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New Refugee Law Initiative report explores model court process for migrant children

The report, written for Methoria, considers the benefits and challenges of establishing a separate court for unaccompanied migrant children.

On Wednesday 20 March, researchers from the Refugee Law Initiative (RLI) launched a new report about creating a specialist pilot court for asylum-seeking children.

The report - Equal Justice for Migrant Children - Towards a Specialist Court for Unaccompanied and Separated Migrant Children - was commissioned by Methoria, a UK human rights charity, and was launched at a meeting chaired by Baroness Kennedy at the House of Lords.

The report explores the benefits of a proposed new specialist court for unaccompanied and separated refugee and migrant children in the UK, and the practical steps needed to put such a model into practice. 

Children who are not British citizens currently do not have straightforward ways to resolve their immigration status, particularly if they do not have a parent or guardian in the UK. The process for asylum-seeking children in particular is beset with delays, and the process can be confusing, overwhelming and inappropriate for the young people trying to navigate the system. 

The new specialist court, which was proposed by the First Rights Project of Methoria, would address these challenges by having one court to resolve welfare, international protection and immigration matters in line with child rights obligations in the 1989 UN Convention on Rights of the Child (CRC).

The report, which was authored by Vickie Knox, Frances Trevena, and David Cantor at the RLI, considers the benefits and challenges of establishing such a court, and features interviews with key stakeholders, including young people with firsthand experience as unaccompanied asylum-seeking children in the UK.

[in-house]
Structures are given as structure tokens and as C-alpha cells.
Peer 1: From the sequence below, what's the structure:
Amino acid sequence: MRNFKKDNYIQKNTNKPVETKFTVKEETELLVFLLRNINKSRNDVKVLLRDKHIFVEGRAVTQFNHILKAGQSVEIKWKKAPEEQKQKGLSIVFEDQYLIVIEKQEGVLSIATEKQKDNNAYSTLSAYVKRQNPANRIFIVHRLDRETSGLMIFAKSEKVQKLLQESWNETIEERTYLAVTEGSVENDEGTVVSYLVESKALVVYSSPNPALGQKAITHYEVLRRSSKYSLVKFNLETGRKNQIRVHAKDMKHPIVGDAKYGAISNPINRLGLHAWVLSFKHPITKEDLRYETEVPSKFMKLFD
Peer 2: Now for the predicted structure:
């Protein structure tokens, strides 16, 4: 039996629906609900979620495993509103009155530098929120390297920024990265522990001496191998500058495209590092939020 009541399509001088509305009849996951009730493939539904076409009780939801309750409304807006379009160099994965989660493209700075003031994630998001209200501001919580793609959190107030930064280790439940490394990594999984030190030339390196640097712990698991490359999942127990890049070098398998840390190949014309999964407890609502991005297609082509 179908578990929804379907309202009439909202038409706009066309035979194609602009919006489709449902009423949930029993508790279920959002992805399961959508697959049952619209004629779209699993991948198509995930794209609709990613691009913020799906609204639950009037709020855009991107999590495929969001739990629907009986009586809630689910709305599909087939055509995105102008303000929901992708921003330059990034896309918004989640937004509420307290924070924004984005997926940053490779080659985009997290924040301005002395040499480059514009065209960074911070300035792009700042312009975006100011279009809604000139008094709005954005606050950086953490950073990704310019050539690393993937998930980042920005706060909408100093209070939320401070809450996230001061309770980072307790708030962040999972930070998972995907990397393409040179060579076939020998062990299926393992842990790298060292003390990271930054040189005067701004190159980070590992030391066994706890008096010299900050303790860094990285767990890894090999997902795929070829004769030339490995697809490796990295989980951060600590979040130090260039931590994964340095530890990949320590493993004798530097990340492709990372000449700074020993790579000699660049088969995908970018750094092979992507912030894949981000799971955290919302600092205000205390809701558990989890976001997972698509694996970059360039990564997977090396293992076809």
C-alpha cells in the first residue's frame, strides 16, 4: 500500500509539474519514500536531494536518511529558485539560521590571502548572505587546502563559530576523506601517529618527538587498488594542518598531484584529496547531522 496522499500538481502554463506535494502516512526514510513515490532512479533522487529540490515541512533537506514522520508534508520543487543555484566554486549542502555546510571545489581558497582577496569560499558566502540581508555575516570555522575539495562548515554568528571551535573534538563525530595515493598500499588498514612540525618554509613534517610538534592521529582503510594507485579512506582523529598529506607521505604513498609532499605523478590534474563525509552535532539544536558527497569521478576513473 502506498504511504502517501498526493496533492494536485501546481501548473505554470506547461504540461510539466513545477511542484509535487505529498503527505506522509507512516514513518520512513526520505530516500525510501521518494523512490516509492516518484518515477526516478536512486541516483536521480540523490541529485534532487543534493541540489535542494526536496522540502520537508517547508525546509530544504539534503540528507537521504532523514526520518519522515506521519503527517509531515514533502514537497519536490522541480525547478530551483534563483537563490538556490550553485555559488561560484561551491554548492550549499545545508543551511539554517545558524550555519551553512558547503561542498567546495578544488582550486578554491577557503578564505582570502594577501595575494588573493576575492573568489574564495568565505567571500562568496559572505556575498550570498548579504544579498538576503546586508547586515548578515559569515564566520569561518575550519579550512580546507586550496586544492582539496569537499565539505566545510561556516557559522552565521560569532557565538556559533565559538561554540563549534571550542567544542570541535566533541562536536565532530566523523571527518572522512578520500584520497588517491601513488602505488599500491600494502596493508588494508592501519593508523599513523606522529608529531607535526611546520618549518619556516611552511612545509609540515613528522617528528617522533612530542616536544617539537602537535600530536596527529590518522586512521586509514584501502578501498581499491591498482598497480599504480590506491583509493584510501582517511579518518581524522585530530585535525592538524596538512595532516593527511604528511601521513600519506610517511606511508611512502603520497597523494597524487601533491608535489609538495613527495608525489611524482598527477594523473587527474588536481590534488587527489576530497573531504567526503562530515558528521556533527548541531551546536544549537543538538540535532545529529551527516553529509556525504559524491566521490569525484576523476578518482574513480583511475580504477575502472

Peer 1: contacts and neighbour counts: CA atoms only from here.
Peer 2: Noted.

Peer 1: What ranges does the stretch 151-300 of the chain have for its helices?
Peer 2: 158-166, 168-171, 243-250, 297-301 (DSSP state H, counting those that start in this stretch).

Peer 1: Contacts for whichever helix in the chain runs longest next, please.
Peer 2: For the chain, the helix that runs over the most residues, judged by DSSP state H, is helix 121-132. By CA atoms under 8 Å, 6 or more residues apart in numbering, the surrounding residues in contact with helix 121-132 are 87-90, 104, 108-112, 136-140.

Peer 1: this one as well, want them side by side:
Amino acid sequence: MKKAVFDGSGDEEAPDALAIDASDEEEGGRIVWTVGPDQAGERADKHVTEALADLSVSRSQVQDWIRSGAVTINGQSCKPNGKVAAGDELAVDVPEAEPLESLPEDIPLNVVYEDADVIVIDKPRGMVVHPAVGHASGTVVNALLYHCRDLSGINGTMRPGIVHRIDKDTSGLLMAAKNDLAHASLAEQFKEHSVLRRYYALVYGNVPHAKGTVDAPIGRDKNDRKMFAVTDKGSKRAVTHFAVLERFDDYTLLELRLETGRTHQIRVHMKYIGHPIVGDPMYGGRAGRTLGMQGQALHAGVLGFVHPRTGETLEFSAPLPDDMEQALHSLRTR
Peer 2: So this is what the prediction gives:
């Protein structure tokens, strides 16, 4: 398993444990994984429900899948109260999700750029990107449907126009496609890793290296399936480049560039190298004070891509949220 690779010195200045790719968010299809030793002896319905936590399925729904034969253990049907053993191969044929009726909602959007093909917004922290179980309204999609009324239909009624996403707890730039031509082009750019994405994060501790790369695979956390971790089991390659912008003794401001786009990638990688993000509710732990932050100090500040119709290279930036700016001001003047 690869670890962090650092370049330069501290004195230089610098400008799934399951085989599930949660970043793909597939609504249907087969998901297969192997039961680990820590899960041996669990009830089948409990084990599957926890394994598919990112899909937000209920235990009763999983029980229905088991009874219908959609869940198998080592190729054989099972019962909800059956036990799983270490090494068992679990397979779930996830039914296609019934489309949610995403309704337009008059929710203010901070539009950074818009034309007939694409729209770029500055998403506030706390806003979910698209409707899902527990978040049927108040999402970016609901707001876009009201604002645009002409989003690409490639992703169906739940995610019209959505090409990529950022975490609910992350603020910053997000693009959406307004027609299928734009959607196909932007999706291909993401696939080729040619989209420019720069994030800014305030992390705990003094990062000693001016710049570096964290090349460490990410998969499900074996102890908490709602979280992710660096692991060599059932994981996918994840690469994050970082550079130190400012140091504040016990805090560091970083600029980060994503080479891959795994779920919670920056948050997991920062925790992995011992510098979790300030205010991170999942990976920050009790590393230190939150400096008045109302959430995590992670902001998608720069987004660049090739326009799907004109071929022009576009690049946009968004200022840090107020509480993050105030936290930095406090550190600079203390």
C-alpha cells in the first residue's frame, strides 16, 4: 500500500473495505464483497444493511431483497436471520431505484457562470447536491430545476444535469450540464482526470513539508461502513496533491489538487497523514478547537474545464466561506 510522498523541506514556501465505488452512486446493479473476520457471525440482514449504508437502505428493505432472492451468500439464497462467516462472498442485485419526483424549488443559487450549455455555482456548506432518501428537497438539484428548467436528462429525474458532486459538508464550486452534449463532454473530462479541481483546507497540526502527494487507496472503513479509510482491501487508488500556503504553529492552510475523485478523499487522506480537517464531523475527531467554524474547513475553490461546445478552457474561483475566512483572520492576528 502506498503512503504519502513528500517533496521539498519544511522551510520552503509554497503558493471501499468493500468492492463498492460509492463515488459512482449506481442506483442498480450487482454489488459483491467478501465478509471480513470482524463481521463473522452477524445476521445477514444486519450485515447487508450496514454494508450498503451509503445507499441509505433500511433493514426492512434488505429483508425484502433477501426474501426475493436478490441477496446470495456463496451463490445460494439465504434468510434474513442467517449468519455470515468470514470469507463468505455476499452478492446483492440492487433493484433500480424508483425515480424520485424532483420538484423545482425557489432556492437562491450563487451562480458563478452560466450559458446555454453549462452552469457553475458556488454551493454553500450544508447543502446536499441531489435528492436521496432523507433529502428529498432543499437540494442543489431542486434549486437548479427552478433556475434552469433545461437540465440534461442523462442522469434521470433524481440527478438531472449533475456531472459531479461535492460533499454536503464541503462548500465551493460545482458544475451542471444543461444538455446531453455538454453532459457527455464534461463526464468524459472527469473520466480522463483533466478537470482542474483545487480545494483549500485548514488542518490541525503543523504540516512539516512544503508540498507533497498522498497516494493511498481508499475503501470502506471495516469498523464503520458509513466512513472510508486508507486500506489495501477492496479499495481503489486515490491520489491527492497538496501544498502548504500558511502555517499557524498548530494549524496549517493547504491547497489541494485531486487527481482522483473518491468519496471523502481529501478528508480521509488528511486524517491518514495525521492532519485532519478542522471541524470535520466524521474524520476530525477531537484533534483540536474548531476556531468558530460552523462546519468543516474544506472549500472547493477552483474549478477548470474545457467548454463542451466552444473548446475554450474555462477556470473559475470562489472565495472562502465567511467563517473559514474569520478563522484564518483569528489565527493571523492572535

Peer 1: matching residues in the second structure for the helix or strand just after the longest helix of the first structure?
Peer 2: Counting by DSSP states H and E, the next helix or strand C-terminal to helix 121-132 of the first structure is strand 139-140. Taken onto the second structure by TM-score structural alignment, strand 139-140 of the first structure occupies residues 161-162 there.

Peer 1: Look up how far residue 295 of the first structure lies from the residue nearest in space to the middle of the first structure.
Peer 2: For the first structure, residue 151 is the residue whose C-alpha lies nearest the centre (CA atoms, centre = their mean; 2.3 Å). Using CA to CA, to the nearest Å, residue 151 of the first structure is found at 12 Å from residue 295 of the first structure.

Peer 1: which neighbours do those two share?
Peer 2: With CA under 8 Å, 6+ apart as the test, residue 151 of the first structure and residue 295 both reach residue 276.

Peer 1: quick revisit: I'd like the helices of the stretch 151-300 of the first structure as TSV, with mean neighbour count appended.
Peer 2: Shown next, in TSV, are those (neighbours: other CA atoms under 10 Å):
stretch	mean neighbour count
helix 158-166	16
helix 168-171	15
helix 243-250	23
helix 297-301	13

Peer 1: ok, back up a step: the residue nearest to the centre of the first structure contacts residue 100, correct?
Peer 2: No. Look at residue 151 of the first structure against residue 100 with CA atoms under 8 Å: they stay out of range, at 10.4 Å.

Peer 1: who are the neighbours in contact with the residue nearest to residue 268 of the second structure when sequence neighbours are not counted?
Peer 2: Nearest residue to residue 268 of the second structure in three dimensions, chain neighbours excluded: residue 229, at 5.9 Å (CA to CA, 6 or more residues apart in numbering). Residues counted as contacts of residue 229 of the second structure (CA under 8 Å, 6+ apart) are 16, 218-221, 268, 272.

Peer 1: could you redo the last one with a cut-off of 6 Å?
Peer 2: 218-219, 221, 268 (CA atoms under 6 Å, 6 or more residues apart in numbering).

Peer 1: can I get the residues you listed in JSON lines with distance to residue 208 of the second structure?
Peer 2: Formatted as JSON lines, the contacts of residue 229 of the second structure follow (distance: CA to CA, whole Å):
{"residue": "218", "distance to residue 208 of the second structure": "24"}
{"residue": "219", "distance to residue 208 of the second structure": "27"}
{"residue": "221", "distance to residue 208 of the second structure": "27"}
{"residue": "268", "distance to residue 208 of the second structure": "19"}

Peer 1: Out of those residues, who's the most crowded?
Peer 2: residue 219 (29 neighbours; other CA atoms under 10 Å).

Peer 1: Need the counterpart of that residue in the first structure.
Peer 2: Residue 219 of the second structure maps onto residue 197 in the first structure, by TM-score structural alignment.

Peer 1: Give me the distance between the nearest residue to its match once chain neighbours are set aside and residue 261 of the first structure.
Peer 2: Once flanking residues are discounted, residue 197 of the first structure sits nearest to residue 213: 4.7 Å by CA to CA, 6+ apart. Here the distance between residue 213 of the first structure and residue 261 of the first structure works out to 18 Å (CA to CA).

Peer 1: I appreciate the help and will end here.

Professor David Cantor, Director of the RLI, said, "A specialist court has the potential to offer significant advantages in terms of the protection of migrant children, and for savings and efficiency within the system. However, the political and systemic barriers to advancing the pilot court should not be underestimated.

"A two-pronged strategy that engages buy-in from both politicians and practitioners is needed to unlock support and funding."

The launch of the report is the latest in a series of high-profile activities undertaken by the RLI in recent weeks.

On 14-15 March, the RLI hosted the ‘Internal Displacement and Solutions’ Conference’, which brought together researchers, practitioners, policy-makers and students from all disciplines to discuss the pressing challenge of ‘solutions’ to internal displacement. The conference featured a number of high profile speakers, including Robert Piper, Special Adviser on Solutions to Internal Displacement Office of the United Nations Secretary General.

The conference was organised by the RLI’s Internal Displacement Research Programme, which has been promoting and facilitating wider research on internal displacement since 2019.

Earlier in March, the RLI ran a short course on Research Methods in the Refugee and Forced Migration Field. The 5-day course introduced fundamental research principles and design in the social sciences, as well as advanced qualitative and quantitative research techniques such as oral history, participant observation, surveying and sampling. The course was attended by 22 people from across the world.
 

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